Gulnara Kasmalieva and Muratbek Djumaliev at Plus Ultra

Gulnara Kasmalieva and Muratbek Djumaliev Into the Future 2005 video [still from installation]

Plus Ultra's current show may be introducing many New Yorkers to the contemporary art of Central Asia for the first time, but the quality of the work of Gulnara Kasmalieva and Muratbek Djumaliev should ensure the door will never be closed again. From the press release:

Collaborating for many years, the husband-wife artists are renowned for their documentary-style video installations and photography exploring the ramifications of political upheaval and modernization.

Working in their hometown of Bishkek, Kyrgyzstan, which has been the center of change and protest since the collapse of the Soviet Union and recent overthrow of the widely criticized administration of former Kyrgyz president, Askar Akayev, Kasmalieva and Djumaliev exhibit here their 2005 dual-channel video installation “Into the Future.” Filmed in Siberia, “Into the Future” offers a direct and thoughtful verification of the effects of change and transformation. Through the juxtaposition of slowly changing images of industrial wastelands and the matter-of-fact recording of people boarding a ferry, they offer a complex, non-ironic look into that ambiguous point at which the future becomes the present and how we cope with that.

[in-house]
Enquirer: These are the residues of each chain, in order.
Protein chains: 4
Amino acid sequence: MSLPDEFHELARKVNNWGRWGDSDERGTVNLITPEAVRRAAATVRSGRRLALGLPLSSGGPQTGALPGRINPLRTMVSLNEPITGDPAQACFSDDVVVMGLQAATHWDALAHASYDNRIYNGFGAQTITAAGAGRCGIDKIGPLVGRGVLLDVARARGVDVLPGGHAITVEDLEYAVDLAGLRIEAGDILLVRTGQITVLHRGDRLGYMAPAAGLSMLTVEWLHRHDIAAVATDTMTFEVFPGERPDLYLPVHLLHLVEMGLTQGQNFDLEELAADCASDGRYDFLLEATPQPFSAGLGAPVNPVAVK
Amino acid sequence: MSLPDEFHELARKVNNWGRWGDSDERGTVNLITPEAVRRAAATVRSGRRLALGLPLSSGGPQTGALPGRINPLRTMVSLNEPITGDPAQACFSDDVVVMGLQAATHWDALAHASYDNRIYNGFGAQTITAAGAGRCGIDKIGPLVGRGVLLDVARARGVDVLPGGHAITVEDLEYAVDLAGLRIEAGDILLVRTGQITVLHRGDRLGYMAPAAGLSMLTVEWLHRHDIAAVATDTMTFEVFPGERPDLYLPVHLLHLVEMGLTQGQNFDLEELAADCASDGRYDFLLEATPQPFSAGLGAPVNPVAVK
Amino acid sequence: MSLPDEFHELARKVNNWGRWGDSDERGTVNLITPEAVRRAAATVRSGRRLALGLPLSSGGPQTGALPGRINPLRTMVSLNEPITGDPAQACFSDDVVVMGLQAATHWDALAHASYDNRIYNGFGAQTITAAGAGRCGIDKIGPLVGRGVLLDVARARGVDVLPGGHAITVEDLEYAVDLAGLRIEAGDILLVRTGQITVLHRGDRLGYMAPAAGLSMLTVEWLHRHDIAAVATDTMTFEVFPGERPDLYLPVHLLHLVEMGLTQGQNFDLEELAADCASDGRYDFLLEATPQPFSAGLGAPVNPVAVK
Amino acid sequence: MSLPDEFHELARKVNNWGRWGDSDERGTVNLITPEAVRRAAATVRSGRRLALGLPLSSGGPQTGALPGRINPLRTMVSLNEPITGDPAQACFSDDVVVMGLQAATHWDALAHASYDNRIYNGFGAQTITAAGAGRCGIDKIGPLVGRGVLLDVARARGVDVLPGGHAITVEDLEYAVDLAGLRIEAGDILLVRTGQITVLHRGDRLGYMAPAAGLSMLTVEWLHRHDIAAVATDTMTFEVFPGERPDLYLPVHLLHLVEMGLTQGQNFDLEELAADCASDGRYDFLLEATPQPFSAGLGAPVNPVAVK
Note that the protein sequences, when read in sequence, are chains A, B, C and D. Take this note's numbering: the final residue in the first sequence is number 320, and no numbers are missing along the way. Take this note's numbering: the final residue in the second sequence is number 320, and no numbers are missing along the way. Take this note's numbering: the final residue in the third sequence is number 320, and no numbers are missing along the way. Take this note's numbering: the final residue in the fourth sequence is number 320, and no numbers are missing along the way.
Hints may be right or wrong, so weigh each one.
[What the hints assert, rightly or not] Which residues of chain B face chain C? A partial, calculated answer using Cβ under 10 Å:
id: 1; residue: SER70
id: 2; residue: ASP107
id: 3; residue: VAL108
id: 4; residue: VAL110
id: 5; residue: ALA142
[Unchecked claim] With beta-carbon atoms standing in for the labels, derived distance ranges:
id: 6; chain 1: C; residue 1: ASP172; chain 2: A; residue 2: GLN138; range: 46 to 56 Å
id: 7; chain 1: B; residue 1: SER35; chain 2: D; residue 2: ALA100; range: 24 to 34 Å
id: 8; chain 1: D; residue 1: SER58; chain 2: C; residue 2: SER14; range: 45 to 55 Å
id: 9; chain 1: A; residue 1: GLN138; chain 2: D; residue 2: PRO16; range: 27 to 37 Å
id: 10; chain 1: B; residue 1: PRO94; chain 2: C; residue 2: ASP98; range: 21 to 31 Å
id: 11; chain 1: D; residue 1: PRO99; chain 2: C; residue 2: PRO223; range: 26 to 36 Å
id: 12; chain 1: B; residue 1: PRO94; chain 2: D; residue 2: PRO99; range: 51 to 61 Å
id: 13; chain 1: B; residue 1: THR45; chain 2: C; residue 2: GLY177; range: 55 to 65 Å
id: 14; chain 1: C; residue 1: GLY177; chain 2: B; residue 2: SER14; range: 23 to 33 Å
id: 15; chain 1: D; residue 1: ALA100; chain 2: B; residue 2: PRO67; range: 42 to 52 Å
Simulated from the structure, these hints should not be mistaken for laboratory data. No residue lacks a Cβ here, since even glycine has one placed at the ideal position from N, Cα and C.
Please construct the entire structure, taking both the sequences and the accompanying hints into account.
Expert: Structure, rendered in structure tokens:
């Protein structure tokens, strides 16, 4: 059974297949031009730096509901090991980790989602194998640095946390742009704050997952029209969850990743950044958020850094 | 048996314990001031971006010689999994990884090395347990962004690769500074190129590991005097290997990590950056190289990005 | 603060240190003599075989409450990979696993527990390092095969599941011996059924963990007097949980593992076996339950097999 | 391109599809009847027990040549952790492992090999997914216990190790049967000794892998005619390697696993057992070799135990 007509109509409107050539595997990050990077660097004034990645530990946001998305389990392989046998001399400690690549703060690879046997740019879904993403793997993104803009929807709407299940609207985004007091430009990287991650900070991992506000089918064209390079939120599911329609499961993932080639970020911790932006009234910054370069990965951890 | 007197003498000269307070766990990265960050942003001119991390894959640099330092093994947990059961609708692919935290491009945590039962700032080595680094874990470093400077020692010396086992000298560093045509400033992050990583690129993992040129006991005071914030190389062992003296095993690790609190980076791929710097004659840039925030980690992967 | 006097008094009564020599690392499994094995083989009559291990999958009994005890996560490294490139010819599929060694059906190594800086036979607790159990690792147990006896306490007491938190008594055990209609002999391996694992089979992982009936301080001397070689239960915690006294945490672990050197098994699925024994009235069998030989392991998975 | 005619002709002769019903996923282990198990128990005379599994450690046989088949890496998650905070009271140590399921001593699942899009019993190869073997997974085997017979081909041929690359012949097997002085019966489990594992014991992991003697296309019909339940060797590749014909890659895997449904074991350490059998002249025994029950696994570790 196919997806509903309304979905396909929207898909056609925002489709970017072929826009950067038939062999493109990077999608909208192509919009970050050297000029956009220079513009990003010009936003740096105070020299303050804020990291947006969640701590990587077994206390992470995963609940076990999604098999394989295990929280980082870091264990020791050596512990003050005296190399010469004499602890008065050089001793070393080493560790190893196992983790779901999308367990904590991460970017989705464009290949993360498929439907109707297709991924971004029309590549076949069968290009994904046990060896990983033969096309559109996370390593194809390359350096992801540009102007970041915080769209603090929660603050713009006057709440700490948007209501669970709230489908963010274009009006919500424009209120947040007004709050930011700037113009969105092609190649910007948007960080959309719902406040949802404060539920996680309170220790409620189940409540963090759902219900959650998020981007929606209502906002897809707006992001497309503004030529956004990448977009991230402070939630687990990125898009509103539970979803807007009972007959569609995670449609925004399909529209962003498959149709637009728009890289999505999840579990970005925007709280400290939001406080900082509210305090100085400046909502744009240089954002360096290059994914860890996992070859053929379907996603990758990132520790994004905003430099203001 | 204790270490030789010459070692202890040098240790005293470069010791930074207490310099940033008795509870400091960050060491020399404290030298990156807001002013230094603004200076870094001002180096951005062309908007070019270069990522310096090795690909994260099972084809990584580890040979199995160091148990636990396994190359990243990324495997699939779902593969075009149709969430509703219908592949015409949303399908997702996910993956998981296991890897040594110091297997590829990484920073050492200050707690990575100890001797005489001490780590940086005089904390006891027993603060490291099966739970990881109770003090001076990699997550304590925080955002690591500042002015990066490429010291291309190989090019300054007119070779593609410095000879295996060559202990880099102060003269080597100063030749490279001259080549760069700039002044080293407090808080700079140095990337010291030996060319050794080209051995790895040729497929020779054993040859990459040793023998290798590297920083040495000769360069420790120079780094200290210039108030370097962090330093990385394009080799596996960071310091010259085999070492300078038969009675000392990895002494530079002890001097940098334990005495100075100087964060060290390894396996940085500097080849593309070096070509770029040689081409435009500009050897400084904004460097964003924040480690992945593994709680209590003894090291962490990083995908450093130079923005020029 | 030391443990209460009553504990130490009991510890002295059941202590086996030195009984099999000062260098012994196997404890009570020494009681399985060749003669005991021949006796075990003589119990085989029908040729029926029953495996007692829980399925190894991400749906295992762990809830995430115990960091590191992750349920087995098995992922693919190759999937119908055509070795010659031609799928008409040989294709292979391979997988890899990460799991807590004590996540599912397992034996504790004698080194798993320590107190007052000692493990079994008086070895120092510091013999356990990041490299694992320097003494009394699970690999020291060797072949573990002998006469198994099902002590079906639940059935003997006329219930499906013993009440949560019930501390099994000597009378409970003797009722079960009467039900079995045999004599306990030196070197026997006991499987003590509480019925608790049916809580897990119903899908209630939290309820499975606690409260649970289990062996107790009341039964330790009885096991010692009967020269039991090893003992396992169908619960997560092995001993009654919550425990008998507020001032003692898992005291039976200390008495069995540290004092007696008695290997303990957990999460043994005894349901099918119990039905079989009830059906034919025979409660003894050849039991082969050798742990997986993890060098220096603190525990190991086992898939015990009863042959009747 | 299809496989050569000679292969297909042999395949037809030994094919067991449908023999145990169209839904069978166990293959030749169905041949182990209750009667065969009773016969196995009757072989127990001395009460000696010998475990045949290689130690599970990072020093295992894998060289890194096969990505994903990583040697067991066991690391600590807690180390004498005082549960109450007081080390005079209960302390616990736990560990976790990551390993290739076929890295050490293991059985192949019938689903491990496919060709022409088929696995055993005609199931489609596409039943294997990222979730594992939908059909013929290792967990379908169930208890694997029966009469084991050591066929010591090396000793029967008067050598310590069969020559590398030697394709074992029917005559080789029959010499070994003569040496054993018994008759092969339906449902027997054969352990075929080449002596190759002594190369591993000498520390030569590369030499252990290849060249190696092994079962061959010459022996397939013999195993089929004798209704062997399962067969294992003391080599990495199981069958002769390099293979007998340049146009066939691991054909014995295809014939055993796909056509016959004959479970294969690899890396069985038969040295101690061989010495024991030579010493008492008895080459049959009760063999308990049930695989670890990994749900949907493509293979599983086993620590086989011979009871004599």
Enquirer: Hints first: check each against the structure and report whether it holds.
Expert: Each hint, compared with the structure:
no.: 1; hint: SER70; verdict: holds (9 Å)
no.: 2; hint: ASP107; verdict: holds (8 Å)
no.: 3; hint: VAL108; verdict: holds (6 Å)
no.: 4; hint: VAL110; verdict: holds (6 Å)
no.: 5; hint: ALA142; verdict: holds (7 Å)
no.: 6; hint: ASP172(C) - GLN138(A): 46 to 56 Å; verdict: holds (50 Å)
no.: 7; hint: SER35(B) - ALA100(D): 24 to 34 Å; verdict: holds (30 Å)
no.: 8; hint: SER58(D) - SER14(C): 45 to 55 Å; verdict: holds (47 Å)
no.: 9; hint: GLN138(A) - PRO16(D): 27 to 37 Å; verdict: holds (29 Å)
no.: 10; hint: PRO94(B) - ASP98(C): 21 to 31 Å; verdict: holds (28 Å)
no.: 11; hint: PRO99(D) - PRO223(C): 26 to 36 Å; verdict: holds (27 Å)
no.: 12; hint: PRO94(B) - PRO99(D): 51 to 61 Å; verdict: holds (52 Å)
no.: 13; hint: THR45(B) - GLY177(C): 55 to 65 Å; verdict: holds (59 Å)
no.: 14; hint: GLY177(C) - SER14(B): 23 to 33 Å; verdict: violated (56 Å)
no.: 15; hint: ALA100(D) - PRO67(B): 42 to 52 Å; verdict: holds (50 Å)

In addition, Kasmalieva and Djumaliev present a selection of photographs from their “New Menhirs” series. Referencing the giant stone structures (or “menhirs”) that jut out of the ground, marking prehistoric burial grounds, throughout Central Asia, this series catalogs desolate, often destroyed landscapes of factories and their surroundings. Standing, like menhirs, as monuments to a lost epoch, the ghostly structures in these images symbolize the contemporary stagnation that has replaced the brighter future they once promised.

For a broader sample and an exciting look at the sophistication of what is being done in this part of the world page through the catalog lying on the counter, "In the Shadow of 'Heroes'". Djumaliev edited it for Art East and the 2nd Bishkek International in 1905.